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As we take stock of the past year and count the good with the bad, we can't help but be hopeful for the new year, because even past challenges offer newopportunities.
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Any account of 2007 must include the ongoing federal corruption probe that led to the arrest of two former state legislators and one sitting lawmaker. The investigation yielded guilty pleas from three lobbyists, including VECO Corp. CEO Bill Allen, and ultimately the convictions of former Reps. Pete Kott, R-Eagle River, and Vic Kohring, R-Wasilla.
Yet the bribery investigation's fallout is incomplete: The trial of former Juneau representative Bruce Weyhrauch was delayed until next year; testimony by lobbyists have implicated former Senate President Ben Stevens and current Sen. John Cowdery, R-Anchorage (though neither has been charged with anything); and the specter of VECO continues to haunt U.S. Sen. Ted Stevens and U.S. Rep. Don Young as they head into an election year.
The revelations of the past year have been painful and embarrassing. And it is easy to see why many Alaskans would be disenchanted with their political leaders. Nevertheless, there was some good newsto come out of the year'sscandals.
Legislators adopted tougher ethics laws and helped improve the Alaska PublicOffices Commission's oversight of the Legislature by providing the agency with an investigator.
The corruption probe, rightly or wrongly, tainted 2006's Petroleum Profits Tax, which gave the state only 22.5 percent of net oil profits. Discouraged by smaller than projected returns under PPT, Gov. Sarah Palin called the Legislature into a special session to rework the discredited tax structure. The end result is a larger share of oil profits, 25 percent, will now flow into state coffers.
But work still needs to be done to restore Alaskans' faith in their government. The ethics law passed this year doesn't seriously address conflicts of interest. For example, a legislator can ask to abstain from voting on an issue due to a conflict of interest but be forced to vote if one of his or her colleagues objects. It's astonishing that such a legal loophole exists, and it should be closed.
Although bolstering the staff of APOC is a good step, the agency still doesn't have the teeth to do its job. Currently the agency has only a year from the date of a campaign violation to bring a complaint. By the time many violations have come to light, the statute of limitations has expired. Sen. Bill Wielechowski, D-Anchorage, has said he will introduce a bill next session seeking to extend the statute of limitations from one year to four. This would be a welcome change in the system.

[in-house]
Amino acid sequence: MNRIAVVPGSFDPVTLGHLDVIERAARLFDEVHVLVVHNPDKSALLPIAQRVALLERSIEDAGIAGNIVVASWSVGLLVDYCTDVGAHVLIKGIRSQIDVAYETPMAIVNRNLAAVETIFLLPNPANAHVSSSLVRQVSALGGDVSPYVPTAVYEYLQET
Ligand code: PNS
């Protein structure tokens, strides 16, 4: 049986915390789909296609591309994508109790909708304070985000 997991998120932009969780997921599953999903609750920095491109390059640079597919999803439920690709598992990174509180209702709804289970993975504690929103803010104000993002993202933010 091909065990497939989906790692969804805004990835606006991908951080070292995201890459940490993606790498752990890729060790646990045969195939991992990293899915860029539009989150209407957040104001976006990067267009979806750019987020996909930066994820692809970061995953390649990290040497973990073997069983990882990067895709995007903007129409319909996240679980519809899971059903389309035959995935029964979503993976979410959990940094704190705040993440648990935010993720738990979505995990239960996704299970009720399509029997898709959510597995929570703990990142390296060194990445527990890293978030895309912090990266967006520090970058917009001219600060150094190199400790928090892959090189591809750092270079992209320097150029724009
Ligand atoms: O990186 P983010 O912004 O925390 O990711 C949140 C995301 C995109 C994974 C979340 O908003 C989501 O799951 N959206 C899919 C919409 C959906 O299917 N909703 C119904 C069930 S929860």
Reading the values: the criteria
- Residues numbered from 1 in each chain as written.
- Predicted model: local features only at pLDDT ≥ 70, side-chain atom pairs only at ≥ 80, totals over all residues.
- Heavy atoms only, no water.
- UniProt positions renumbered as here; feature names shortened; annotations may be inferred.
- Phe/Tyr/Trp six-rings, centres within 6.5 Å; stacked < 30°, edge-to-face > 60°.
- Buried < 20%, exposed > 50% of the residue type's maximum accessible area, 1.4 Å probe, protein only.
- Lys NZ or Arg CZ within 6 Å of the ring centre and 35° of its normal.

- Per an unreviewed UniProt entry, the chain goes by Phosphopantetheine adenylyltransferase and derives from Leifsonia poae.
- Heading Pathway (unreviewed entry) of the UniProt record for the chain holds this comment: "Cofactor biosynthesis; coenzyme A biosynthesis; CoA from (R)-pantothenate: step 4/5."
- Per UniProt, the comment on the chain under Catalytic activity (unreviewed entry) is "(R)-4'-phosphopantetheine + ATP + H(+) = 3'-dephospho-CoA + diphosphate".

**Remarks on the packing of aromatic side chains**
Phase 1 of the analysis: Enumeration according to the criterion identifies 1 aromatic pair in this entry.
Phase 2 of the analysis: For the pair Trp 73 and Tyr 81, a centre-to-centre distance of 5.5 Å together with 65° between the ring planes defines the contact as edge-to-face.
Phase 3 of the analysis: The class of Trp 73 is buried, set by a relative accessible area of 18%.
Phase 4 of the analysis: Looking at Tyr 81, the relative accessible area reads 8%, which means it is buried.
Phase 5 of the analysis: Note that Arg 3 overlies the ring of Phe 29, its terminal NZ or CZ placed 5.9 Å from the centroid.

But not all of the news in 2007 occurred in the Capitol or in courtrooms. After years of courtroom fights and battles fought on the Empire's opinion page, Coeur Alaska sat down with environmental groups to move the Kensington Mine forward.
The negotiations have been far from perfect - important groups such as Goldbelt Inc. were excluded from the process and talks have been unnecessarily shrouded in secrecy - but there appears to be reason for cautious optimism that the mine will open in a way that will satisfy conservationists and the mine's owners. Coeur Alaska has agreed to apply for permits to use paste tailings instead of dumping the rock waste into Lower Slate Lake, which was found to be a violation of the Clean Water Act.
With the sticky issue of what to do with the tailings seemingly solved, only a handful of issues remain to be dealt with, among them compensating Goldbelt for moving a transfer dock from Cascade Point to Yankee Cove. The parties involved should heed our advice and make next year's negotiations more transparent.
On the municipal level, much happened this year: The capital saw the opening of two new big-box stores; the voters decided to keep fluoride out of Juneau's water; and the Mendenhall Valley finally received voter approval for a pool of its own.
The addition of the big-box stores, as well as plans for future construction, is a hopeful sign that Juneau's economy is healthy. But the year brought news of a troubling population decrease, especially among residents under the age of 40. In response, the city moved forward with a revision of its comprehensive plan, the first since 1996. The report identified quality education, safety, a strong economy and maintaining a small-town sense of community as keys to combating Juneau's brain drain.
But an important component is missing: affordable housing. Hopefully, municipal leaders will attack this issue head on during the new year and bring substantive change in Juneau's housing situation.